Michigan Gov. Gretchen Whitmer, co-chair of President Joe Biden’s re-election campaign, suffered a major disaster Tuesday when she lost significant support in her state to an “uncommitted” vote campaign in the Democrat presidential primary.

Organizers of the “Listen 2 Michigan” campaign set a goal of 10,000 “uncommitted” votes as a way to protest Biden’s response to the Israel-Hamas war and surpassed that shortly after results began rolling out. The tally passed 20,000 at about 9 p.m., and 30,000 with just 22 percent of the vote counted. “Uncommitted” votes totaled 20,000 the past two contested Democrat primaries, according to the New York Times.

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As of early Wednesday morning, with 98 percent of votes counted, “uncommitted” had 100,960, or 13.3 percent.

Biden’s certified margin of victory in 2020 was about 154,000 votes.

In Dearborn, the epicenter of the “uncommitted” push, Biden lost to the non-candidate in landslide fashion, 56.2 percent to 40.3 percent.

Organizers boldly speculated early in the evening that they were receiving so many votes, “Uncommitted” may receive a delegate to the Democratic National Convention, but ultimately fell short.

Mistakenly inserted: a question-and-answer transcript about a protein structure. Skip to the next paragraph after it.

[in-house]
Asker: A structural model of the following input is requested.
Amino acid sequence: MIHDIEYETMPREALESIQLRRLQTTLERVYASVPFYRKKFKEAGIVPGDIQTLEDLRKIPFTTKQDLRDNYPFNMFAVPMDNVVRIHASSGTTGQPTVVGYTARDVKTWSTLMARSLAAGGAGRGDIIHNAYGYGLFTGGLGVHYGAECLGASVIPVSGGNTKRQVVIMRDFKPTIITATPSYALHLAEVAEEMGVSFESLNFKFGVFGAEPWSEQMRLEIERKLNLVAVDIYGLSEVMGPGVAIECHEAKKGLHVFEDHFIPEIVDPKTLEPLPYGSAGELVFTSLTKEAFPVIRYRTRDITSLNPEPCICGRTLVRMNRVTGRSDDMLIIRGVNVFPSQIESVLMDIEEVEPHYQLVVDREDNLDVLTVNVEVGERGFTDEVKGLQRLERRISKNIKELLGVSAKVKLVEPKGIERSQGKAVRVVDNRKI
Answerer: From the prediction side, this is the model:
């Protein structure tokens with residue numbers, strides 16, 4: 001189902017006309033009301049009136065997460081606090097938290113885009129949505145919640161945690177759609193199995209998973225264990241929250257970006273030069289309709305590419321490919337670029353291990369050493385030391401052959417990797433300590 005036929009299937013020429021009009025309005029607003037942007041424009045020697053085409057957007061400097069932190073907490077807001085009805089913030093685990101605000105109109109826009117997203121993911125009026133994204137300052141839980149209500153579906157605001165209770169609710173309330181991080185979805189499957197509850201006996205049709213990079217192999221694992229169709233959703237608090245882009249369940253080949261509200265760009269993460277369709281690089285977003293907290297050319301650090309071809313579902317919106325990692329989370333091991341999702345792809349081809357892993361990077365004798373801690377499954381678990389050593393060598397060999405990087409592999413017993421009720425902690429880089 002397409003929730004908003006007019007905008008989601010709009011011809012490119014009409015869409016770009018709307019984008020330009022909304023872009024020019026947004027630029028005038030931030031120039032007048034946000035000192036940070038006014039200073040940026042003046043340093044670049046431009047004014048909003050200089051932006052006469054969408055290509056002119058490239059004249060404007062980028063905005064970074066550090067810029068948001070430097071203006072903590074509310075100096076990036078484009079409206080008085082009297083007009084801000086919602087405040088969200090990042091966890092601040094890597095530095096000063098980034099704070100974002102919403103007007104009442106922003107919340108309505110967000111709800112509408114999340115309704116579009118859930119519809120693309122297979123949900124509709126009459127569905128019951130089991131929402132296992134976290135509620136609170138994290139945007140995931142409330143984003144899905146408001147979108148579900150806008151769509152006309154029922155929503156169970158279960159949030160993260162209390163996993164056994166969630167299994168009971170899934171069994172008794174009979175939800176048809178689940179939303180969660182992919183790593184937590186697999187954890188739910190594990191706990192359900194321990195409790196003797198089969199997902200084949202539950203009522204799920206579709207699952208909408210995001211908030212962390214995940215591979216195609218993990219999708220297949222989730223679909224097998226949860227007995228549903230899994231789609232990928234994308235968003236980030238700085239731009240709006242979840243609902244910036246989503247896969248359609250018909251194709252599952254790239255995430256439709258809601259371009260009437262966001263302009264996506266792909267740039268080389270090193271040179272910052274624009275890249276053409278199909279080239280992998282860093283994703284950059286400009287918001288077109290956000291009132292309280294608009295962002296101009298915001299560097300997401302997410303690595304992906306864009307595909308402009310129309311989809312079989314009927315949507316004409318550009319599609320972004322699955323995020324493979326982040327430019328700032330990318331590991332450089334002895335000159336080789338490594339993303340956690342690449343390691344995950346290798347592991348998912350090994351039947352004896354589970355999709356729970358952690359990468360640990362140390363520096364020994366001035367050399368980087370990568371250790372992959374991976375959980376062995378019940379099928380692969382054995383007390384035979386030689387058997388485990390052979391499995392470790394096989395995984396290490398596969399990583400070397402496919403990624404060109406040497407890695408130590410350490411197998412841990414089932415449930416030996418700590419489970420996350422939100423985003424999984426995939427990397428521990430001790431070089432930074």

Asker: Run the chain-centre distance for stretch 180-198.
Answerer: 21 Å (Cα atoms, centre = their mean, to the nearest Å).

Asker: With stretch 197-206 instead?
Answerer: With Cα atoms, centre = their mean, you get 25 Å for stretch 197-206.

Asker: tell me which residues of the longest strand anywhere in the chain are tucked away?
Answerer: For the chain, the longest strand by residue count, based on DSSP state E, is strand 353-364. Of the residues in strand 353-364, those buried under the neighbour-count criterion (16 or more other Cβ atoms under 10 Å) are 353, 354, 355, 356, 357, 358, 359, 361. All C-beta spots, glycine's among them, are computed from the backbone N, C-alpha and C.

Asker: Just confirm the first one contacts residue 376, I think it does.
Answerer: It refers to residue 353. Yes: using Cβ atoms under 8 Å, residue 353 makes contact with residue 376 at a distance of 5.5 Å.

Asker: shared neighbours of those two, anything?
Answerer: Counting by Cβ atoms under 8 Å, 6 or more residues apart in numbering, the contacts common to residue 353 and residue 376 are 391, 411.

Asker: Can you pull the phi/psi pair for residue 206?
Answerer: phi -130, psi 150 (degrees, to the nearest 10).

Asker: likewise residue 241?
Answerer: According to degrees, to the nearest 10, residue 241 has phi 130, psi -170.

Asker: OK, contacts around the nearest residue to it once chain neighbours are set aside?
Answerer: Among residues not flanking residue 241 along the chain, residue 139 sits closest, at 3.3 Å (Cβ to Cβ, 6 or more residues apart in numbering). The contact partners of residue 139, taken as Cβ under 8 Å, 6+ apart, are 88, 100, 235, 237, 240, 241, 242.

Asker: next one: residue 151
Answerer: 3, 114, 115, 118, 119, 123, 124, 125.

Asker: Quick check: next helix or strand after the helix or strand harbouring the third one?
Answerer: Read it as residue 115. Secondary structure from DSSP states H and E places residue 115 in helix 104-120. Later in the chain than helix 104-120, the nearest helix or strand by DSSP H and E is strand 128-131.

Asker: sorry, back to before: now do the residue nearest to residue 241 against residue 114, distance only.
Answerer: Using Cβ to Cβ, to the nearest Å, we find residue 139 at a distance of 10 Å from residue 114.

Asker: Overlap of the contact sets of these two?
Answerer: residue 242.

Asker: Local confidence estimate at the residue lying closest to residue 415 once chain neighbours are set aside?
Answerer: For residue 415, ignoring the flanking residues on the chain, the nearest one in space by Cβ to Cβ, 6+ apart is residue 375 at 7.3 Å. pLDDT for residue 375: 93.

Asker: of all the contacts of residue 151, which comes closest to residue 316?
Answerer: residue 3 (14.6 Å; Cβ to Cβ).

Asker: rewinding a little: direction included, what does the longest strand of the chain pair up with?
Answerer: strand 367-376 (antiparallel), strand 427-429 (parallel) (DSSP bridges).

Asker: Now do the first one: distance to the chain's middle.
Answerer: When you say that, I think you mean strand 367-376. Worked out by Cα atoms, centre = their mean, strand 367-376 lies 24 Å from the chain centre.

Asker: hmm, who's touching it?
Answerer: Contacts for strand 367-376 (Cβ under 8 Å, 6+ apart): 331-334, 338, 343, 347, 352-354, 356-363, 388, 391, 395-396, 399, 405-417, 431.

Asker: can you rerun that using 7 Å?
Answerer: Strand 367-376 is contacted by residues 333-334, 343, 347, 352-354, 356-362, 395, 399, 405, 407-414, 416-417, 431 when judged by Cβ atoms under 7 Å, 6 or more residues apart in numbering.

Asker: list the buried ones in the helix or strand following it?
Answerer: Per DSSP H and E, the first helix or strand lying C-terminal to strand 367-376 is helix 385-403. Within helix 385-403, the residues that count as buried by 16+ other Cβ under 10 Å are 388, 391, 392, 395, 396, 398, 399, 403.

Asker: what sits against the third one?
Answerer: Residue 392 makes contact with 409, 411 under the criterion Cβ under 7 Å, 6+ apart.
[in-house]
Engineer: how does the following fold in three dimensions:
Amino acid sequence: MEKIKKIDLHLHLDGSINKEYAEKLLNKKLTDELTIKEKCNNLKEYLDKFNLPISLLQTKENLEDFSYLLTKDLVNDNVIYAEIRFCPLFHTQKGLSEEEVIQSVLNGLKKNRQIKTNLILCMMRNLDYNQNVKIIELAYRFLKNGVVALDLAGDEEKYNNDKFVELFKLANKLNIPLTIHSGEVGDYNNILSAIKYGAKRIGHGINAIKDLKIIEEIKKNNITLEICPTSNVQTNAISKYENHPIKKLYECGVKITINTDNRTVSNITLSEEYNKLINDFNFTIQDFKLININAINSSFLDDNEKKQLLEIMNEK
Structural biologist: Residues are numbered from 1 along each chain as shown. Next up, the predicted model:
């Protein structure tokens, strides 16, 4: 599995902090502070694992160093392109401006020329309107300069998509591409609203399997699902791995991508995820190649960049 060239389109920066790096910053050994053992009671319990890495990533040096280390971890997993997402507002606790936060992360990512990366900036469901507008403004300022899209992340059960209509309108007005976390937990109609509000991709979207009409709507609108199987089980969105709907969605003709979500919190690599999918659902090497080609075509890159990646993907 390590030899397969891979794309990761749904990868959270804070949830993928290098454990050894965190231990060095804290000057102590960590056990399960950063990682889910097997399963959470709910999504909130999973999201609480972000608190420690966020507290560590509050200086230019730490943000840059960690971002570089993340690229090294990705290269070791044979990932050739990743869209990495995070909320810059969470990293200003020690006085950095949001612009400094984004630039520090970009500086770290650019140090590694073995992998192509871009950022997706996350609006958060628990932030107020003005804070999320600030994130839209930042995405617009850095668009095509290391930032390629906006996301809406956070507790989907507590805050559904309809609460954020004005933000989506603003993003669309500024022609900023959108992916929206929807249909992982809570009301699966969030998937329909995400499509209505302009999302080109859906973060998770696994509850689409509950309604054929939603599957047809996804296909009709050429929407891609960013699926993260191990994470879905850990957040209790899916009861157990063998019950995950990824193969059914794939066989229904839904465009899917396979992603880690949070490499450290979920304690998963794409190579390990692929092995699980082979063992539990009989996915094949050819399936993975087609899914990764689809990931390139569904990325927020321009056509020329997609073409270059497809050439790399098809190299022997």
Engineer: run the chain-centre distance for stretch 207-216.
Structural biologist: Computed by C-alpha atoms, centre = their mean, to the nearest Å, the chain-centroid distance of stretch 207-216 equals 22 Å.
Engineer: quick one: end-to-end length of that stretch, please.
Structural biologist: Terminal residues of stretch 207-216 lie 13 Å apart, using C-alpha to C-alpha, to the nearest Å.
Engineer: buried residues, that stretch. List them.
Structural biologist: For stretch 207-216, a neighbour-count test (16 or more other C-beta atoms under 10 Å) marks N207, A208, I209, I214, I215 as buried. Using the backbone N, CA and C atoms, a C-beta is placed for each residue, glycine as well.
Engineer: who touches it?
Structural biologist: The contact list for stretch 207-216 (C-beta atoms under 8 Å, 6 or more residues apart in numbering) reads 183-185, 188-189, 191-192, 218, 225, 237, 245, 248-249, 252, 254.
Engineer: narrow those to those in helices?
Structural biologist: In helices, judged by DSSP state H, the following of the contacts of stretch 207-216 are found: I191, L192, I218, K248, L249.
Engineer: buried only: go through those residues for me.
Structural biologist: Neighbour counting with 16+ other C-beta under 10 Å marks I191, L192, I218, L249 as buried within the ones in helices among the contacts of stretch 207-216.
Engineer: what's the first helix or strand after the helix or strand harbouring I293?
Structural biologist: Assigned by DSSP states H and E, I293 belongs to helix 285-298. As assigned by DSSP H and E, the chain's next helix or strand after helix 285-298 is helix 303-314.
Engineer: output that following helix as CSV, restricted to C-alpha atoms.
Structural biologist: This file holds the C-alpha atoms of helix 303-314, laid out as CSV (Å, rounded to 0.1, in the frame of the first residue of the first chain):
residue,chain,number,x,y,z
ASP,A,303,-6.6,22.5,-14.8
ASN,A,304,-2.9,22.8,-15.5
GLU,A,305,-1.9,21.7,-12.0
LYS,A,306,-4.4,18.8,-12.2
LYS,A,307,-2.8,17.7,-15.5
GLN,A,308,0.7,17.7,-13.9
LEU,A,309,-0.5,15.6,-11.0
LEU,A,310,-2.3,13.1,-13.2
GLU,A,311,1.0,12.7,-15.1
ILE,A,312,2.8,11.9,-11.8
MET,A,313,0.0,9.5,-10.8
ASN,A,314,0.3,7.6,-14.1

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Whitmer was trotted out by the Biden campaign in the last days before the primary, attempting to rally support, likely to blunt the impact of the insurgent “uncommitted” campaign.

“A second Trump term would be devastating not just on fundamental rights not just on our democracy here at home but also when it comes to foreign policy. This is a man who promoted a Muslim ban,” Whitmer claimed on CNN, the Detroit Free Press reported.

“Governor Whitmer could instead use her platform to align with the majority of Democrats who support a ceasefire and an end to Biden’s funding of Israel’s horrific war in Gaza,” the protesters responded.

Listen 2 Michigan organizers were motivated to send a vote of no-confidence in Biden’s handling of Israel’s response to the Hamas terrorist attacks October 7. They claim they made over 500,000 phone calls and delivered 650,000 text messages to prospective voters: